I’m at a solid 8 today. I managed to survive a cross country flight even though I had to swallow my pride and fly with the continual disappointment that is Spirit Airlines. I’m proud of how I managed myself and communicated clearly that I was on my way to a funeral when they overbooked my red eye flight and tried to tell me that the seat I paid for was not available.
Can’t cut a fool at the airport, but Spirit will test you…
Anyway, the sudden death in my family reminds me that life is ephemeral, and that I must not only live my fullest life, but continue pouring my energy into building a platform that helps others do the same. I’m reflecting on the history of loss in my family as I recommit to teaching others how to cope and find joy through the pain, and considering just how closely my younger cousins and nieces are watching and depending on me.
I could be doing better with eating more and better food. It’s easy to do in San Francisco, but Metro Detroit is a whole other story. I’m working on speaking the truth in love by being patient and speaking kindly to people even when they interrupt, frustrate, or annoy me.
A Personal Lens
When I was 8 my neighbor committed suicide with a firearm in front of his girlfriend and their young daughter. At 10 my own father died suddenly, leaving my heart cut in half as I attempted to navigate and learn in a world that was, from my perspective, senselessly full of pain, sudden abandonment, and emotional devastation. My big brother Steven died under traumatic circumstances as well, and I felt alone in the world with a mom who tried her best but also needed healing.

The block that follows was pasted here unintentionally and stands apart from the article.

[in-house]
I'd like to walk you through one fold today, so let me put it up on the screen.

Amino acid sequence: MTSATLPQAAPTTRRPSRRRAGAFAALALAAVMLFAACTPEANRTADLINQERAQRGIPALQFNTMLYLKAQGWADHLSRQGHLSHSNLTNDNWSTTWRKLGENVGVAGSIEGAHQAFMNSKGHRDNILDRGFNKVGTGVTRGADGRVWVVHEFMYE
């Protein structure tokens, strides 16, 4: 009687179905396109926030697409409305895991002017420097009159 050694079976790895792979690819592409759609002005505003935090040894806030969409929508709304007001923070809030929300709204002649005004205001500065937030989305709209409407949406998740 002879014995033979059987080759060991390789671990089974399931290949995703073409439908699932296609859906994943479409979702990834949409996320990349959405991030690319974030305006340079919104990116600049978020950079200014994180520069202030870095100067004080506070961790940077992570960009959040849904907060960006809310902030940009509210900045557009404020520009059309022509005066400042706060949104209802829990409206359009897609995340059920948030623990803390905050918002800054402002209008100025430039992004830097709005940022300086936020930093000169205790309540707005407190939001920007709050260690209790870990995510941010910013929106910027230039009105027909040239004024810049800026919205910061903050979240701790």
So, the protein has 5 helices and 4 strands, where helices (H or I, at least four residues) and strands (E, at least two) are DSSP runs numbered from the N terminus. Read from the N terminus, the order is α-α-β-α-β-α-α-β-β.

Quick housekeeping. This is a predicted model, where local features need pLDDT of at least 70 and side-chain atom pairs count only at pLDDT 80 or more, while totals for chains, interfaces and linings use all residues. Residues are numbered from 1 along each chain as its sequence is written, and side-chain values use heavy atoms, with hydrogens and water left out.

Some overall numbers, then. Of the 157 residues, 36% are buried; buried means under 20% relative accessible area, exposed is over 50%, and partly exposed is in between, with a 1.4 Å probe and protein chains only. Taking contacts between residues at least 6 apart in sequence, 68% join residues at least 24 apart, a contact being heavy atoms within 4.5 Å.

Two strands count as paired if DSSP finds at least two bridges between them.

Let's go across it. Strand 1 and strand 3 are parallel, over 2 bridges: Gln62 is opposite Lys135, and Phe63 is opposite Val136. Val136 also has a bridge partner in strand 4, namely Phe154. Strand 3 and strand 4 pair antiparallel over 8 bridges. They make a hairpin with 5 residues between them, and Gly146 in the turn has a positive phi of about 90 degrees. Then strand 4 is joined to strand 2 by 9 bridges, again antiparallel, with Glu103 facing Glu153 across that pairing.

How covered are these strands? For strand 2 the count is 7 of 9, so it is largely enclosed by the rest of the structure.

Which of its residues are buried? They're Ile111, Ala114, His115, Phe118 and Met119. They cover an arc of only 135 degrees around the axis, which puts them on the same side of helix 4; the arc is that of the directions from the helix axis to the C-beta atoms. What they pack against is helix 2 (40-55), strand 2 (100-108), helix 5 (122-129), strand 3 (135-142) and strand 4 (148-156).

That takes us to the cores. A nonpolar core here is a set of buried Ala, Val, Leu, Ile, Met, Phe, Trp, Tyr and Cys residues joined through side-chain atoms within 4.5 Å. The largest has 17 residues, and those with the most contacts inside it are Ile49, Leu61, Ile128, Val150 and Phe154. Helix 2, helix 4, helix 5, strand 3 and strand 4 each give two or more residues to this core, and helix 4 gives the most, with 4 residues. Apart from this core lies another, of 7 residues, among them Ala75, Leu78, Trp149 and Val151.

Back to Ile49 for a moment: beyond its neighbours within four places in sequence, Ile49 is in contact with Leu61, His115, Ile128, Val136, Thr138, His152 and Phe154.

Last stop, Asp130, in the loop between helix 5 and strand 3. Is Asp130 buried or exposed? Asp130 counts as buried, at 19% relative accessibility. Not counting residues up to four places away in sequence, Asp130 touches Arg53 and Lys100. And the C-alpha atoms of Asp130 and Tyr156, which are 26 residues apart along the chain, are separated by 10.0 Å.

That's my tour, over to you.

My wishes and prayers growing up were that I would live to adulthood, and that I could learn to create my own peace, joy, and contentment—fulfillment that couldn’t be taken from me. I coped with the perpetual heart pain by reframing my second by second circumstances. No matter the situation, I could contemplate an alternative reality that made my own seem grand compared to the other “what ifs” I dreamed up in my head.
Joy as a Lifeline
For me, finding and creating pure joy in unexpected spaces is a lifeline. It was my lifeline when my step dad physically abused me at 14. It was my lifeline when I contemplated suicide and considered what it would be like to no longer be able to experience either pain or joy. It was my lifeline when I decided that I’d rather die attempting to rally the front lines than alone in my room without the proper purple lipstick shade.
It was my lifeline when my god brother committed suicide to attempt to end his heart suffering. And again when a childhood friend took his life because he was not accepted for the beautiful soul he was, and instead was outcast for not conforming.
This is a rallying cry. I refuse to lose another loved one to suicide.
Haters want to steal our joy by discounting our value, manipulating the truth, and projecting blame. Making us think our radiance is too distracting, our shine too bright, and our laugh too loud. They throw shade to mask sadness and insecurity, because true joy is elusive to them.
How you doing cousin?
We have to take care of one another, and we can only do that when we take the best care of ourselves. Do the self-care check-in with your tribe or team to get immediately applicable tools to manage anxiety and depression, get tips on how to be great(er), and learn how to use joy as a clap back for the haters.
My family taught me how to cope and find joy in circumstances that are not ideal, no matter what. We’ve got the tribe on our side, and can bring the levity to any situation. Especially when you add a beat…